Like, even last night during ladies figure skating, when it was pretty clear that the American girls had about as much of a chance of medaling as a snowball has of surviving in hell, I still wanted all of the top competitors to choke. After Yu-Na Kim scored 150 million kazillion points, I set my evil powers of mess-up mojo on Mao Asada (known in our casa as 'Carne Asada') who did fub it up just a bit. What can I say? I just don't like hype. I don't think Yu-Na Kim liked her hype very much, either--she was literally shaking and crying when she finished. Roommate J and I looked at one another and were like, "She's totally crying from the relief of knowing she's not going to be be slandered and offed by her adoring fans for not winning gold, right?" Poor thing. BUT I STILL WANTED HER TO LOSE! WHY DO THE OLYMPICS BRING OUT THE WORST IN ME??
(All that aside: how great was Mirai Nagasu last night?)
(Also aside: Let's be honest--the real dramaz happened in the men's skating programs. Evgeni Plushenko's long program is going to haunt my dreams for a lifetime. I'm glad Evan Lysacek beat him [though the poor guy seems to be suffering from an extreme case of tanerexia--someone take the spray tan away!!!], though the fact that Plushenko awarded himself a platinum medal is never going to stop being funny to me.)
5. Okay, so have I mentioned how obsessed I am with the show Sons of Anarchy? Like, scary obsessed. The kind of obsessed that compels a normal, Disney-Princess-loving girl to spend 26 straight hours marathoning both seasons of it, and then crying when she realized she would have to wait until September for the new season to start.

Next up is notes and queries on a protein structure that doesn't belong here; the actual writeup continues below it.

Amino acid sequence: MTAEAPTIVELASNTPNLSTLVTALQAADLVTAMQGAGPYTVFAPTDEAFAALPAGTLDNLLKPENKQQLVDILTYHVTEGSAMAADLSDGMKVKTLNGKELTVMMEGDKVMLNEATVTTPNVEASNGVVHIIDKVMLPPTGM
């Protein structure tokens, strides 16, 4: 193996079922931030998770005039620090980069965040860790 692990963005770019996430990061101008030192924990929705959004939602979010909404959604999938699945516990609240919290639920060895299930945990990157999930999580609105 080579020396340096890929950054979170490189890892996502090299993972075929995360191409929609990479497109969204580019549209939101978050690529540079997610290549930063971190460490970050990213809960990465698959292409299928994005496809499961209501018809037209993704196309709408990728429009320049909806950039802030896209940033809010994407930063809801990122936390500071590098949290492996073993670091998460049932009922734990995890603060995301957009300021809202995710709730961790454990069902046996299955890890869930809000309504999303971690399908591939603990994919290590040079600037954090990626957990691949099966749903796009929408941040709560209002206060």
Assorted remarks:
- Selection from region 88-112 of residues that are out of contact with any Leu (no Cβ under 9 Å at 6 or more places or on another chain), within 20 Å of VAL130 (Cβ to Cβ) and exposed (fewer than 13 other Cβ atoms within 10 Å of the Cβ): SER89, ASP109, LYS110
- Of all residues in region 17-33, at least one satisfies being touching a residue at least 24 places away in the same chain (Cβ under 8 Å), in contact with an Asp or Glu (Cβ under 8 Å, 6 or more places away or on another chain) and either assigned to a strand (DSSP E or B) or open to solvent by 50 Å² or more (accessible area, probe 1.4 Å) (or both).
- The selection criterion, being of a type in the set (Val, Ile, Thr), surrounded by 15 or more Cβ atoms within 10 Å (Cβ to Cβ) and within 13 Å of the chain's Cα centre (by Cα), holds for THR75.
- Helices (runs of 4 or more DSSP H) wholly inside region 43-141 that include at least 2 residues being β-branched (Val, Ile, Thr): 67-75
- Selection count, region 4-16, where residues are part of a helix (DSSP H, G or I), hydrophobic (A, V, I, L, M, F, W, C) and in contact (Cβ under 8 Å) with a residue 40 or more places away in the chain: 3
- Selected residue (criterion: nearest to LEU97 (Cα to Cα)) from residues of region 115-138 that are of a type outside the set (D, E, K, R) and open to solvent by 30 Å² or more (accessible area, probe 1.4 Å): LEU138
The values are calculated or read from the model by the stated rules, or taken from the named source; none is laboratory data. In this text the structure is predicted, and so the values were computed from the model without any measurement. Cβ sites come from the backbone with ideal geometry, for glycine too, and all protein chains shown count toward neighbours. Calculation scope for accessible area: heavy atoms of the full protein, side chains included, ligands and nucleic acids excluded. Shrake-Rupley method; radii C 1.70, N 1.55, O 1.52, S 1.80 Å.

It's the story of a fictional family/outlaw gang/motorcycle club who protect their town (Charming, California) on their own terms and at whatever costs. To quote the ever-wise Obi-Wan, you will never find a more wretched hive of scum and villainy than you will on this show. The Sons (also known as SAMCRO) do terrible things, but you love them and care about them and (sometimes) understand their motivations. The people they're doing battle with are far worse--white supremists, drug runners, rapists, etc.--which goes a long way in making the audience sympathetic to their style of vengeance. It's very much the story about family, in the same way that Friday Night Lights isn't so much a show about football as it is a show about a town and the people who inhabit it.
Also cool? SoA pulls from Hamlet. Jax Teller, the main character, begins questioning the way his stepfather, Clay (played by Ron Perlman--who looks unnatural without some kind of strange character make up), is running the Sons when he discovers his dead father's manuscript about how the club lost its way since he founded it, and what his original intentions for it were. Clay stands in for Claudius, his mother (who is THE definition of HBIC) Gemma is obviously Gertrude, and the manuscript sort of functions as his father's ghost. ANYWAY. Let's hope it doesn't follow Hamlet perfectly, because--SPOILER--I'd really prefer that everyone not die at the end (but I could totally see it happening).